“Good. Good.” Watanuki shuffles toward Baker, and places a bony hand on his shoulder. Now that he’s close, Baker can see the old man panting for breath, wiping the sweat away from his wrinkled brow. Watanuki’s exhausted from the effort, even with titanium braces keeping his spine from giving way. “Proceed as you see fit, Sergeant.” He mercifully waves Baker off.
“Sir,” Baker barks, and makes a hasty exit. He can’t wait to get off this rock and back home to blue skies and green grass.
Awaiting Baker in the lobby is Corporal Mbenga, his sparkling grin on display. He snaps out a salute. “How was the meeting, Sarge?” Mbenga says, playing innocent. Everyone know’s Watanuki’s got a way of creeping out enlisted men.
“Fucking wonderful, Corporal,” Baker deadpans. “Get the boys over Sagan City on the horn. Let’s clean up this godforsaken mess and get the hell out of here.”
“Planet Z’s a shithole, ain’t it, Sarge?” Mbenga says, all smiles.
“Amen.” Baker slaps his cap back onto his shaved head. “Round up those boys that just got in. After the shit hits the fan in Sagan City, we’re going to need to keep a tight hold on Clarkeson.”
Private Leonard Lawrence, reporting for duty, settles into his seat on the bridge of the SS Colin Powell and fires up his view screen. An image of the planet Zarmina pops into view, overtaking the space on the screen as the ship zeroes in on its target. From the Colin Powell’sangle of approach, the rocky gray planet looks like a martini olive, speared through the middle by the orbital elevators at the world’s two major settlements: Sagan City on the top, Clarkeson on the bottom. Rubbing the sleep from his eyes, Lawrence traces out a rough rectangle around Sagan City with his finger and taps it in the center. The screen switches to a closer view, replacing the wide planetary shot with an overhead view of the settlement, dominated by the thick black line of the elevator’s shaft, surrounded concrete buildings both newly completed and still under construction. A few more gestures and Lawrence is greeted with an even closer view that shows the base of the elevator, blocked by heaps of whatever debris the colonists can scrounge together to prevent the lift compartment from reaching purchase on the ground: chunks of hastily chiseled cement, bundles of rebar, random rocks, sandbags, even a burned out buggy or two. Lawrence, sipping his coffee, plants a finger in the center of the screen, dragging it right so that his camera will pan in the opposite direction.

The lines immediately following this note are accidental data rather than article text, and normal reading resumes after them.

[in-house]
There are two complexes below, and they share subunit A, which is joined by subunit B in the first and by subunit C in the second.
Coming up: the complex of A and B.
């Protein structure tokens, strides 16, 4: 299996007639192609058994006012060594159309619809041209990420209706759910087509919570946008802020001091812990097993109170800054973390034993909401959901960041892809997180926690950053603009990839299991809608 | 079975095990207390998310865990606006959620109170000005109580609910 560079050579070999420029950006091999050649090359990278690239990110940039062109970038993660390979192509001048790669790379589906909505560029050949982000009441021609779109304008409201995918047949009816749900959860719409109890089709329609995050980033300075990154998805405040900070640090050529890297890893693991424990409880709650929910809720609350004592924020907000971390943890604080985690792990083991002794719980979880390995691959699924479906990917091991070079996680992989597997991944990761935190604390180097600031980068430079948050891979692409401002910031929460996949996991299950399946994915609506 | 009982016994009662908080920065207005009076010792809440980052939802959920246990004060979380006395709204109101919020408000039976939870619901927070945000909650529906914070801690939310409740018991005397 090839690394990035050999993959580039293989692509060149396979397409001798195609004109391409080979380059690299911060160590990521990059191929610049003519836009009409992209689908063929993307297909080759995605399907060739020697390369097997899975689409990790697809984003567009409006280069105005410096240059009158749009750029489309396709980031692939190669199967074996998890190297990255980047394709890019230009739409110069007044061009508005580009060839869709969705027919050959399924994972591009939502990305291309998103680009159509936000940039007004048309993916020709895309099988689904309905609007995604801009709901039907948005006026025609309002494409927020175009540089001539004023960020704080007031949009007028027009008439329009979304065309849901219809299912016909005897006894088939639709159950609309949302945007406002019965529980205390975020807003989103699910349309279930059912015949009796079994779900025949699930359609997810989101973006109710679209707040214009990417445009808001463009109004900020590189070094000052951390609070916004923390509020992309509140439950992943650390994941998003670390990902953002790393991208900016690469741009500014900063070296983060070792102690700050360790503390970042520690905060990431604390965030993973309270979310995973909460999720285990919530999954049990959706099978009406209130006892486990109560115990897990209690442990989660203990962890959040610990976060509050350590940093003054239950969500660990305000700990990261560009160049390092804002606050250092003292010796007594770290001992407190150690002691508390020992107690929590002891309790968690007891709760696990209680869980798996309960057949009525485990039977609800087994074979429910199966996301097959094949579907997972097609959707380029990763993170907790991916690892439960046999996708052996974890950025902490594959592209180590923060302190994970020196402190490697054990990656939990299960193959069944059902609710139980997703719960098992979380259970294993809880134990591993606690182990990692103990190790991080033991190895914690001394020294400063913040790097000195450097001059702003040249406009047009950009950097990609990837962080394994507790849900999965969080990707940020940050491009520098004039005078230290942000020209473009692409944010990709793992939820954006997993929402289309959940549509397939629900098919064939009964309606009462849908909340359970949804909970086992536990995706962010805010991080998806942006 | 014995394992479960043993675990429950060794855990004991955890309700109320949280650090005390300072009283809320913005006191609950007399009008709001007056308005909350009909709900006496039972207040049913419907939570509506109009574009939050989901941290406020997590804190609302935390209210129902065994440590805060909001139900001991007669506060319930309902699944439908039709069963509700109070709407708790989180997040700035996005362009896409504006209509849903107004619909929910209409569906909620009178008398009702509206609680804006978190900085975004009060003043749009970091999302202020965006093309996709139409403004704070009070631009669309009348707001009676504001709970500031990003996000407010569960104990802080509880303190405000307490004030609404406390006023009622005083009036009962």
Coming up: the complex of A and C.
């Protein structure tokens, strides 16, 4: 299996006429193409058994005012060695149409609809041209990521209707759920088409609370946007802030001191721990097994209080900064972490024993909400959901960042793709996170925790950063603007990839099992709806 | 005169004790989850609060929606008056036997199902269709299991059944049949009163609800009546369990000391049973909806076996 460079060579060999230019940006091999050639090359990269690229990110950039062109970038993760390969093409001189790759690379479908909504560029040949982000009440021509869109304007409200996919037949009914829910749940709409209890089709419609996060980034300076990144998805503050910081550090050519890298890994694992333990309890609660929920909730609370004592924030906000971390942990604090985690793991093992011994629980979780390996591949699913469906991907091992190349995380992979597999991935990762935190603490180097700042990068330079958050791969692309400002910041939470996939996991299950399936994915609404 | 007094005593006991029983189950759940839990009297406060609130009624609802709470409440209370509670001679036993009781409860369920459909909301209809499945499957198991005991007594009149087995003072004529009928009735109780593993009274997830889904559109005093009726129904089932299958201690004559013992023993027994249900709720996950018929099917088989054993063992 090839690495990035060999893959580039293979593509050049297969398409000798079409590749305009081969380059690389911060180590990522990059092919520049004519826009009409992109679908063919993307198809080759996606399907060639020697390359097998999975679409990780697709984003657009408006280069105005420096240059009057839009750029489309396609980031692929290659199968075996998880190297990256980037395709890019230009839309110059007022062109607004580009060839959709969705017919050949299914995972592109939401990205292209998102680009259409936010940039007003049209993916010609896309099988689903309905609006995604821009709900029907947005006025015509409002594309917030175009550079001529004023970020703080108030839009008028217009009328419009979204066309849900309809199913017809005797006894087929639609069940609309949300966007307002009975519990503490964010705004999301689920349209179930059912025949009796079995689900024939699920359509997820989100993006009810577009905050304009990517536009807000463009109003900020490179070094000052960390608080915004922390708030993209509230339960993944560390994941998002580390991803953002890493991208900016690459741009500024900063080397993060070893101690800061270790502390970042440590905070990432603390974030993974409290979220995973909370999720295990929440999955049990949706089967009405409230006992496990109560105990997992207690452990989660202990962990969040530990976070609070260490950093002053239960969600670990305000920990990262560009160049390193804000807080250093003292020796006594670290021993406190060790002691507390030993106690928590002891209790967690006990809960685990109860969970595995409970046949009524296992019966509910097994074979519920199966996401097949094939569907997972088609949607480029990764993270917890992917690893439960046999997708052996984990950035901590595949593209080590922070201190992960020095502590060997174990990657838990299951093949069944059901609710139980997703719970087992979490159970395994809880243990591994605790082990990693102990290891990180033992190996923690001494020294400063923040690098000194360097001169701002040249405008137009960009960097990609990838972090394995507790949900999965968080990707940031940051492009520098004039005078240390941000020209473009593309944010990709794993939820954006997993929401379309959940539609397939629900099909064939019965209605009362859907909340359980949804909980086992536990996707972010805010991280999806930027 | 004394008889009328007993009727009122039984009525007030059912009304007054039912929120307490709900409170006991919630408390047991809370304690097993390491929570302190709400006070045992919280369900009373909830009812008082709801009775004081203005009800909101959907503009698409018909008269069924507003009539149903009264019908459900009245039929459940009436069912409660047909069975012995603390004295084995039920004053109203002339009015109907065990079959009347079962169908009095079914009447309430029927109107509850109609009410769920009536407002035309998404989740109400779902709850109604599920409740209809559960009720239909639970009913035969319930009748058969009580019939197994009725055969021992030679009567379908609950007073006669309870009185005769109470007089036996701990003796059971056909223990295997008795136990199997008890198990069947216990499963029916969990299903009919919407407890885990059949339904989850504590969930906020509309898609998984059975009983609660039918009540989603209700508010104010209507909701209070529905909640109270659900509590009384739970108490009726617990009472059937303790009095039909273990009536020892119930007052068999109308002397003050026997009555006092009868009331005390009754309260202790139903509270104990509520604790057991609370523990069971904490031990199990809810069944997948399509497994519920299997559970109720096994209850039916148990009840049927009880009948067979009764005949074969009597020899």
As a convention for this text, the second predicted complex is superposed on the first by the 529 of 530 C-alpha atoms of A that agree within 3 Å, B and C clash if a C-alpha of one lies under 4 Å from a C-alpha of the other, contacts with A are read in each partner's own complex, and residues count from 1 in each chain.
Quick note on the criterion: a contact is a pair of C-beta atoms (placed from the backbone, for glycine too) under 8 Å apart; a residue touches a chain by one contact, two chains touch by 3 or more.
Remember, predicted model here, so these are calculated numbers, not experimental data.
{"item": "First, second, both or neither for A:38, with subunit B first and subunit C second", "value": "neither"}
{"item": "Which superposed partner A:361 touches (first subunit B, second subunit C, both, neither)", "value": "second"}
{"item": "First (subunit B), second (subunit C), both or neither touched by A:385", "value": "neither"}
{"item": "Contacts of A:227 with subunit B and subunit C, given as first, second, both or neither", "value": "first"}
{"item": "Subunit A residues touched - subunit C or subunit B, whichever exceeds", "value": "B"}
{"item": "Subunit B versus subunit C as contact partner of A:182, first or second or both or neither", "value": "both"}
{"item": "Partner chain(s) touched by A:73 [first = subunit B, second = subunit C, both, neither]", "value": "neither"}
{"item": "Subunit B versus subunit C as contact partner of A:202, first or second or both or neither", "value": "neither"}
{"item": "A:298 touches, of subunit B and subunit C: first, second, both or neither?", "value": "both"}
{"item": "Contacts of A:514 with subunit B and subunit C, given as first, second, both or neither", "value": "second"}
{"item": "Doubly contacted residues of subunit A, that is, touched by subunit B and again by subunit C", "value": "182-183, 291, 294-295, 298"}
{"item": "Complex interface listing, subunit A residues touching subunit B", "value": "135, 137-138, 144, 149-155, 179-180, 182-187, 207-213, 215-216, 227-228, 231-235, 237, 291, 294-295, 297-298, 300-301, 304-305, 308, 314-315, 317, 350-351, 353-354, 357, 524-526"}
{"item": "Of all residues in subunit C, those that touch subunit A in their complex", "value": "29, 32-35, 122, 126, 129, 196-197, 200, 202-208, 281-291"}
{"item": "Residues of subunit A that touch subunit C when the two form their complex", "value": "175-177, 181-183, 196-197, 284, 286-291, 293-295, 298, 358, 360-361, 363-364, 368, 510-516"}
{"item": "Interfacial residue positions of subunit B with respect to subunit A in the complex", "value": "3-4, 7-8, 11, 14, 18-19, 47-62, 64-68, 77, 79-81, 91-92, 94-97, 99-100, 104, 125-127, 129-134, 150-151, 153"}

A gathering of settlers is arranged in a rough semi-circle around an impromptu stage of pallets and cinder blocks, being addressed by a speaker. Another zoom shows the man gesticulating wildly, waving his arms and pounding his fists on an honest-to-goodness podium. He wraps up his speech and throws both hands in the air as the audience’s applause gives way to a rhythmic pumping of fists, presumably accompanying a chant. Lawrence wedges an ear bud into his ear and dials in the signal from audio surveillance on the ground.
“TUG fuck off! TUG fuck off!”
Lawrence grunts to himself and patches the display into his commander’s console elsewhere on the ship. A hiss comes over the line, followed by a gruff, hollow voice. “Proceed, Private.”
“Aye, sir.” Lawrence taps an icon at the bottom of his screen, a targeting reticule that flashes red three times. Weapons systems ready. Lawrence marks a spot in the middle of the crowd, one directly on top of the podium, and a few over likely escape routes for the angry bogeys. He utters the magic words: “Private Lawrence, Leonard. Authorization code Charlie-Alpha-seven-seven-niner. Kinetic bombardment: engage.”
An affirmative and pleasantly harmonized beep sounds. Switching back to his medium shot of the city, Lawrence watches as five telephone pole-sized rods of tungsten slide into view, white-hot as they rip through Zarmina’s atmosphere. A few seconds later, they converge into a cloud of dust, and the chanting over the line is replaced by five overlapping concussive thuds, followed by a chorus of frenzied screaming.
On the screen, the dust clears and reveals a now-empty space in the middle of the city, piles of rubble surrounding five jagged holes punched into the earth, topped with a heaping helping of disembodied limbs, crushed torsos, smashed skulls. Bystanders rush onto the scene and paw frantically through the rubble, trying to remove chunks of shattered concrete from on top of friends and relatives.
Lawrence yanks the ear bud out and cues up the highlight reel from last night’s Cubs game.